Treating the anxiety


Been a while since I posted. Figured I’d give an update and also ask a question.

I’ve been going through the process of getting a second opinion on my MAV diagnosis. In some ways the symptoms fit, but I never felt like I’d exhausted all of the other possibilities. I’ve switched primary care doctors, and the one that I’m seeing now has an osteopathic background and is very much into helping me find answers. His opinion is that most of my symptoms are the results of stress and anxiety, which makes sense to me as all of this started with a panic attack back in 2010. His initial diagnosis is GAD, but he said that he is open to other ideas and isn’t going to write it all off to GAD just yet. That being said he would like to treat this as if it is GAD, and see what symptom improvements can be had.

So - now to the question. I know most of us are on some form of anti-depressant (tri-cyclic, SSRI, benzo, etc…), so in a way we have already been treated for anxiety. That being said, I’m curious if anyone has gone through other anxiety related treatments: counseling, awareness therapy, breathing exercises, etc… I’m just beginning some of these treatments. I’ve read that some others have been diagnoses with GAD as part of their search for an answer, anyone gone through GAD treatments, besides meds? Anything help?

They way I’m approaching this is as if I do have GAD, and that that is the reason for my symptoms. I want to give this a true chance to work, and if things get better, great. If not, then that is one more thing ruled out, and I can go back to my primary and focus on other possibilities, including seeing a neuro for a consult on the MAV diagnosis and possibly a brain MRI.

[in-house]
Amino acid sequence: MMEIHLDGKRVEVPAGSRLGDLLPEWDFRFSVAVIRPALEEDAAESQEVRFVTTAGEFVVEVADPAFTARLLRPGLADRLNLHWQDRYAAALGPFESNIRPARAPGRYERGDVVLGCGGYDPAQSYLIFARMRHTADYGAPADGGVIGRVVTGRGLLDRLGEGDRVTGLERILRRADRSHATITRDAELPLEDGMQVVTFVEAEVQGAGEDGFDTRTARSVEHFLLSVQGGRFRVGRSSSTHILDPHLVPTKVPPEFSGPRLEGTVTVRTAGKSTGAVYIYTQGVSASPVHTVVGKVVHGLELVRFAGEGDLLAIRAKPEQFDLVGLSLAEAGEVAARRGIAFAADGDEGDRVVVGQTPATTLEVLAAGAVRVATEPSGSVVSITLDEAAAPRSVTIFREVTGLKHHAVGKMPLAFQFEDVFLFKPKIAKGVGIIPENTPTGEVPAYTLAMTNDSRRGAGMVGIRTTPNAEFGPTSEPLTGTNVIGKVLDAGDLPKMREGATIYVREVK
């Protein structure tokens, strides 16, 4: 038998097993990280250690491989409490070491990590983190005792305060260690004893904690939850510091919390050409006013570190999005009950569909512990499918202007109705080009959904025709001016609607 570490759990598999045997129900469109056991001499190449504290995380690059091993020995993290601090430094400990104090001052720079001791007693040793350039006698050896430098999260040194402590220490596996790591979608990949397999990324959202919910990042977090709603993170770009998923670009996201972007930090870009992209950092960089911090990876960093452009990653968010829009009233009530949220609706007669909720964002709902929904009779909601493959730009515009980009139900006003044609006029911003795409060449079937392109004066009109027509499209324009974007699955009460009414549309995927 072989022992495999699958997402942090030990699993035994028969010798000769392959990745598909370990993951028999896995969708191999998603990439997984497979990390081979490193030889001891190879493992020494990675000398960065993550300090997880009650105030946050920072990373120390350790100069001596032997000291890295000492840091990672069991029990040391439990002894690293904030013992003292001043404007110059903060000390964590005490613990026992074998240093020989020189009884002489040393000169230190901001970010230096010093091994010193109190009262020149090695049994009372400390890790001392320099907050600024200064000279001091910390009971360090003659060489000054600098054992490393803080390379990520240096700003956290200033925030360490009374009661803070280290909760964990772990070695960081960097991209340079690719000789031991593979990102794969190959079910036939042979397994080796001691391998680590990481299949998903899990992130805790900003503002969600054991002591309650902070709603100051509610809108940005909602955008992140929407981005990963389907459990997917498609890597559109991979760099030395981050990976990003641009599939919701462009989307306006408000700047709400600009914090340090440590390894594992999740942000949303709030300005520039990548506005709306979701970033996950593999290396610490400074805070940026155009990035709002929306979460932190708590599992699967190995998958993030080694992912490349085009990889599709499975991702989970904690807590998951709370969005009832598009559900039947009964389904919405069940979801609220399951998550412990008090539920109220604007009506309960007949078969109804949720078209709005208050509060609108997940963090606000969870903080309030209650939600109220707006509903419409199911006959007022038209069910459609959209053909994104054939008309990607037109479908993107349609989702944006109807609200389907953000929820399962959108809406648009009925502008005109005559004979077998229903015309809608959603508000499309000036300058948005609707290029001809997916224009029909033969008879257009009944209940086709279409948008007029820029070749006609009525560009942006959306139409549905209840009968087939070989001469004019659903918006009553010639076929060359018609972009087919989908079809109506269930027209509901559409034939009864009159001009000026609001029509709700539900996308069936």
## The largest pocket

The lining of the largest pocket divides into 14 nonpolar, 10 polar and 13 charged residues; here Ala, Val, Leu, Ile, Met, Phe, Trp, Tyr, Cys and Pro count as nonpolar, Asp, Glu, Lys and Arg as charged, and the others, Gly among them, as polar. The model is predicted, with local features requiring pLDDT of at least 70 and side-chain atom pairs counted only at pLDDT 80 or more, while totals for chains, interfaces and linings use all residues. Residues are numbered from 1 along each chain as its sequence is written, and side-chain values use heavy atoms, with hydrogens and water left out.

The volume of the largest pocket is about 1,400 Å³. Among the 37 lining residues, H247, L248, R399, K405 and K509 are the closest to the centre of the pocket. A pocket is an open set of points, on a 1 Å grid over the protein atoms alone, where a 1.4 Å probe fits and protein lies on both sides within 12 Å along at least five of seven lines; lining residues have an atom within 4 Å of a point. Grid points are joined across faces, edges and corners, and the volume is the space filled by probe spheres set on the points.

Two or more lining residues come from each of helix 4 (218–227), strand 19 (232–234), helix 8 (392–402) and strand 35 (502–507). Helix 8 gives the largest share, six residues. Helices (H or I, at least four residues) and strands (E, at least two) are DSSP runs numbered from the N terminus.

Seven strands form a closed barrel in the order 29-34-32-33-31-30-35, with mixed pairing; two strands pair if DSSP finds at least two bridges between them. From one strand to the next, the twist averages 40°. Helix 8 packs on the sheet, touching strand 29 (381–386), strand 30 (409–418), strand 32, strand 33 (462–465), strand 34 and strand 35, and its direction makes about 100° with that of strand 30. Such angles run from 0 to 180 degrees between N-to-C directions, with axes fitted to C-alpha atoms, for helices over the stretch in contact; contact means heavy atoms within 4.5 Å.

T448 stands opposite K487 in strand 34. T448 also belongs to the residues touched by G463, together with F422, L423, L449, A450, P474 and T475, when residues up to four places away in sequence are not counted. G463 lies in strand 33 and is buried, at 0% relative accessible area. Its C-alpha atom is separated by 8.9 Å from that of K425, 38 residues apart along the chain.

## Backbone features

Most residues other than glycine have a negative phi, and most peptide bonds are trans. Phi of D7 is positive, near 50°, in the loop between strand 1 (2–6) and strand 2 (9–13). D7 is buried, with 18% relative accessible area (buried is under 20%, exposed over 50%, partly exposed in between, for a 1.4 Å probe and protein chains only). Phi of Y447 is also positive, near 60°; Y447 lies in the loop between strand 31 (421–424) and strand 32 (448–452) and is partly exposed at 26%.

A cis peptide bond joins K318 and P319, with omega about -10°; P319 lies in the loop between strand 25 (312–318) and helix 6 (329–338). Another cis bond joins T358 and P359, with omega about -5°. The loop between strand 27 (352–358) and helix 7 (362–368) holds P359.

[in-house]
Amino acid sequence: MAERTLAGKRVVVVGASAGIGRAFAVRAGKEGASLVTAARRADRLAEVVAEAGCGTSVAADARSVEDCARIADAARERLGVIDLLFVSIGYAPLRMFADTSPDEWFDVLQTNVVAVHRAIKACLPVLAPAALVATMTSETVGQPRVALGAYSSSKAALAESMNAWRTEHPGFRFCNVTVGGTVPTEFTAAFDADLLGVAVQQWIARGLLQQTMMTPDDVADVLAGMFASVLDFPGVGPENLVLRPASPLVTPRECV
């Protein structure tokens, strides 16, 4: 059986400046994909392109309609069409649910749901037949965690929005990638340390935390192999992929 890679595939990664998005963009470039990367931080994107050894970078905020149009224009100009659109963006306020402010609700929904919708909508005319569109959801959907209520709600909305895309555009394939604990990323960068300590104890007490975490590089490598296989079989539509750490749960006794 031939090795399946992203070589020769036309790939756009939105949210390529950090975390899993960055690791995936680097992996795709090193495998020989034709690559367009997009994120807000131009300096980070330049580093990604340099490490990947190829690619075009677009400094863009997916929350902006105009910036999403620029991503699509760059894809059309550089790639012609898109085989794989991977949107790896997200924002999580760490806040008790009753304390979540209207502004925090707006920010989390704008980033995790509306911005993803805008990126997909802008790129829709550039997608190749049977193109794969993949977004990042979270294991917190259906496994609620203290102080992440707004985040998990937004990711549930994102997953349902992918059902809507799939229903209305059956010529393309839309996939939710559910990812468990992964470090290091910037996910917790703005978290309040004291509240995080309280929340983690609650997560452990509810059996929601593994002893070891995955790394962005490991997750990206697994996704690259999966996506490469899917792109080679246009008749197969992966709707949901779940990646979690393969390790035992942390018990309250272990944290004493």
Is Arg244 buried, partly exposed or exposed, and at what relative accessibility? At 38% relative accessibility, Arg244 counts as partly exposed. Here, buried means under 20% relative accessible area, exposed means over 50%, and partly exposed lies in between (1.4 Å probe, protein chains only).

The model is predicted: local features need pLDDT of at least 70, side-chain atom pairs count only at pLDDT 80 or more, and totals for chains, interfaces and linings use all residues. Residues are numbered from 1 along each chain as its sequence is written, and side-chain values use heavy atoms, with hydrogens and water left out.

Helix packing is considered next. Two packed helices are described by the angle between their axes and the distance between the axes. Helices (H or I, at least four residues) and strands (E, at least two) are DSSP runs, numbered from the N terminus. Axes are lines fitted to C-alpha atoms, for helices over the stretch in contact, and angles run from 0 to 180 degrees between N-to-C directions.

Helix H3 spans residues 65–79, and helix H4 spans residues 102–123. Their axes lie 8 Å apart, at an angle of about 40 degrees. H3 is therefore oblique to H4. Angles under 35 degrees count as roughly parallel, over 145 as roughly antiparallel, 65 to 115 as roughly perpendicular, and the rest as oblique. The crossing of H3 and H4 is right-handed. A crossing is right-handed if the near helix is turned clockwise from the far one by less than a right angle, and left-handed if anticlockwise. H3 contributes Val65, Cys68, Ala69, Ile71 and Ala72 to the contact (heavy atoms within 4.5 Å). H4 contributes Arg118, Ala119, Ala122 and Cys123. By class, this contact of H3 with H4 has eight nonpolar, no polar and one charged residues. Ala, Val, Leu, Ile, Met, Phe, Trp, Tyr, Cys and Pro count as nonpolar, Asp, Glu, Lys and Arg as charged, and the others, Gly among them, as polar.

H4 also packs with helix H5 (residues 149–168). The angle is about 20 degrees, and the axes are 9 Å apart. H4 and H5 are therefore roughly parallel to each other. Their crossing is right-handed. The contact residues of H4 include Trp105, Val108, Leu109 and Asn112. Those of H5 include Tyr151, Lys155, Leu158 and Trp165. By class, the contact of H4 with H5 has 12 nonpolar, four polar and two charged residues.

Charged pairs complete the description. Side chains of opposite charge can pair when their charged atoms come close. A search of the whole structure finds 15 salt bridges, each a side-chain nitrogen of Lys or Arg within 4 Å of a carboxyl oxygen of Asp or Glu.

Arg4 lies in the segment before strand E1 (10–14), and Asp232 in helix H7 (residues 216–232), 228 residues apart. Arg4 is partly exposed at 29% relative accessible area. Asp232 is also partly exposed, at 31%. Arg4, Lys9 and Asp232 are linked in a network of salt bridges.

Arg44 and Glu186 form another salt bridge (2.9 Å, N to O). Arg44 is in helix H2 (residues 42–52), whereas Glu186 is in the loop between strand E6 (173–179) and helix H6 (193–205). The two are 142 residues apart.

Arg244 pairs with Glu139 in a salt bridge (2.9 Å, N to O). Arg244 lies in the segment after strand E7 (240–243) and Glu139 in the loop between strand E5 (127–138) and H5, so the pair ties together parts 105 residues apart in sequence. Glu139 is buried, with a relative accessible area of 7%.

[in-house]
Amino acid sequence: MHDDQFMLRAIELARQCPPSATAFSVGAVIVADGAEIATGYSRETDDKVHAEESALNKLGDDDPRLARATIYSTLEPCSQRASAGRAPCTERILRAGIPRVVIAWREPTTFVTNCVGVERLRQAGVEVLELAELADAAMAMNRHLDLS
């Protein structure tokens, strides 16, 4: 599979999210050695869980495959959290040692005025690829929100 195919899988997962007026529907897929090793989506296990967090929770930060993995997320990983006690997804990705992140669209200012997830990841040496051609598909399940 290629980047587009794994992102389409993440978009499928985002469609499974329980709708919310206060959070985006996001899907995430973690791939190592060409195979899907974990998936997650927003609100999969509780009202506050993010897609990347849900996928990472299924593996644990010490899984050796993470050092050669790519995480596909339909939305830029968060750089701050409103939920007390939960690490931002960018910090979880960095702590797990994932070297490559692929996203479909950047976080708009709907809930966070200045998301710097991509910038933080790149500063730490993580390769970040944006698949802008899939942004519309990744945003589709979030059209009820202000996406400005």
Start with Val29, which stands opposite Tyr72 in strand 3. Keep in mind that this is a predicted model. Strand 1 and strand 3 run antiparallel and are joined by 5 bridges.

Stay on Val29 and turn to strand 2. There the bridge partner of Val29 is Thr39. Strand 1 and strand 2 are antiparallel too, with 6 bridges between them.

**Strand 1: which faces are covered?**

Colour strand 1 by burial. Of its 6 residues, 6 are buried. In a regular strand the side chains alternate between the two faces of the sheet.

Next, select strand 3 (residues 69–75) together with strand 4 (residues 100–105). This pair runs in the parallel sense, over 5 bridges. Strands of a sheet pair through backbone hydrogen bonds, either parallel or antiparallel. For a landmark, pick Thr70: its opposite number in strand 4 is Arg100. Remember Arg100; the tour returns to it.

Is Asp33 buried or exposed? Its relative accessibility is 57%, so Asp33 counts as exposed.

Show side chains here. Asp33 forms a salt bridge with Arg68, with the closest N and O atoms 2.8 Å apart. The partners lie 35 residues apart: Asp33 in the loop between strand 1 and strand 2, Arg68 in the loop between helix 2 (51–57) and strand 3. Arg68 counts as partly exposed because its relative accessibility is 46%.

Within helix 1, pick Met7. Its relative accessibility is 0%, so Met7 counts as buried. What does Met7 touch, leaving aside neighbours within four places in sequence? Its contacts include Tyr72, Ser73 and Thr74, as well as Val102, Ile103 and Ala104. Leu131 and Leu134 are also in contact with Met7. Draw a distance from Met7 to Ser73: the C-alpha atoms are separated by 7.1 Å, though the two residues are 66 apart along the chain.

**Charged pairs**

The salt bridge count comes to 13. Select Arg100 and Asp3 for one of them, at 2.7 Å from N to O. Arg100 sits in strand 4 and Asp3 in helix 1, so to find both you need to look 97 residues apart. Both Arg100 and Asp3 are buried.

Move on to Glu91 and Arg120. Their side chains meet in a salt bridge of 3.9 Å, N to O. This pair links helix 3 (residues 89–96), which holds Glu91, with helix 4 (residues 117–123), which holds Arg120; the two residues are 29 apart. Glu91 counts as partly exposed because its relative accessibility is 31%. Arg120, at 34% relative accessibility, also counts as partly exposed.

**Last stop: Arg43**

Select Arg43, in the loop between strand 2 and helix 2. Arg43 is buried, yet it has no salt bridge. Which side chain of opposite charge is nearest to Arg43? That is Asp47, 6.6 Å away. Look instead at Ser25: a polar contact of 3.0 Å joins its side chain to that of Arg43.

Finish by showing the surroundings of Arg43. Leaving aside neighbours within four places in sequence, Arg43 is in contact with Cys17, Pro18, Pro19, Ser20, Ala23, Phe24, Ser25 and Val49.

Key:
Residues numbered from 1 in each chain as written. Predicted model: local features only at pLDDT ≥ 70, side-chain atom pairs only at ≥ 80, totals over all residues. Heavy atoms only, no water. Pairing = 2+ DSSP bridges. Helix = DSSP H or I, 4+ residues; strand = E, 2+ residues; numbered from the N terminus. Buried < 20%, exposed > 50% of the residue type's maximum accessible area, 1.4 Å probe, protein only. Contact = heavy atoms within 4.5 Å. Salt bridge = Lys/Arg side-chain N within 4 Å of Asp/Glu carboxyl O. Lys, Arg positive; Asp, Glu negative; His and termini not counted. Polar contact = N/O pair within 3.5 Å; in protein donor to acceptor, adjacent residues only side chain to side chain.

Crossing my fingers.

Migraine and anxiety share similar mechanisms in the brain. In my case, I have no personal or family history of migraine, but I have a history of anxiety. So I honestly cannot say whether I have MAV, anxiety, or a combination of both (which is probably the case). Like you, I also had a huge panic attack the day that my symptoms started, so I know that anxiety plays a part in my symptoms too.

I have a thread that has some information you may be interested in, here is the link:

Hi slightcrazed,

I was diagnosed with GAD long, long before I ever had MAV. I definitely think they’re connected, but the kinds of dizziness I experienced from GAD alone were much different from what MAV has been like for me. For one, dizziness was never unrelenting and it was certainly not one of the prominent symptoms. Heart palpitations, shortness of breath, racing thoughts, difficulty concentrating, and sometimes faint-like dizziness if I was feeling particularly panicky were most common (and still happen in anxiety-provoking situations, so I’m sure there’s a difference).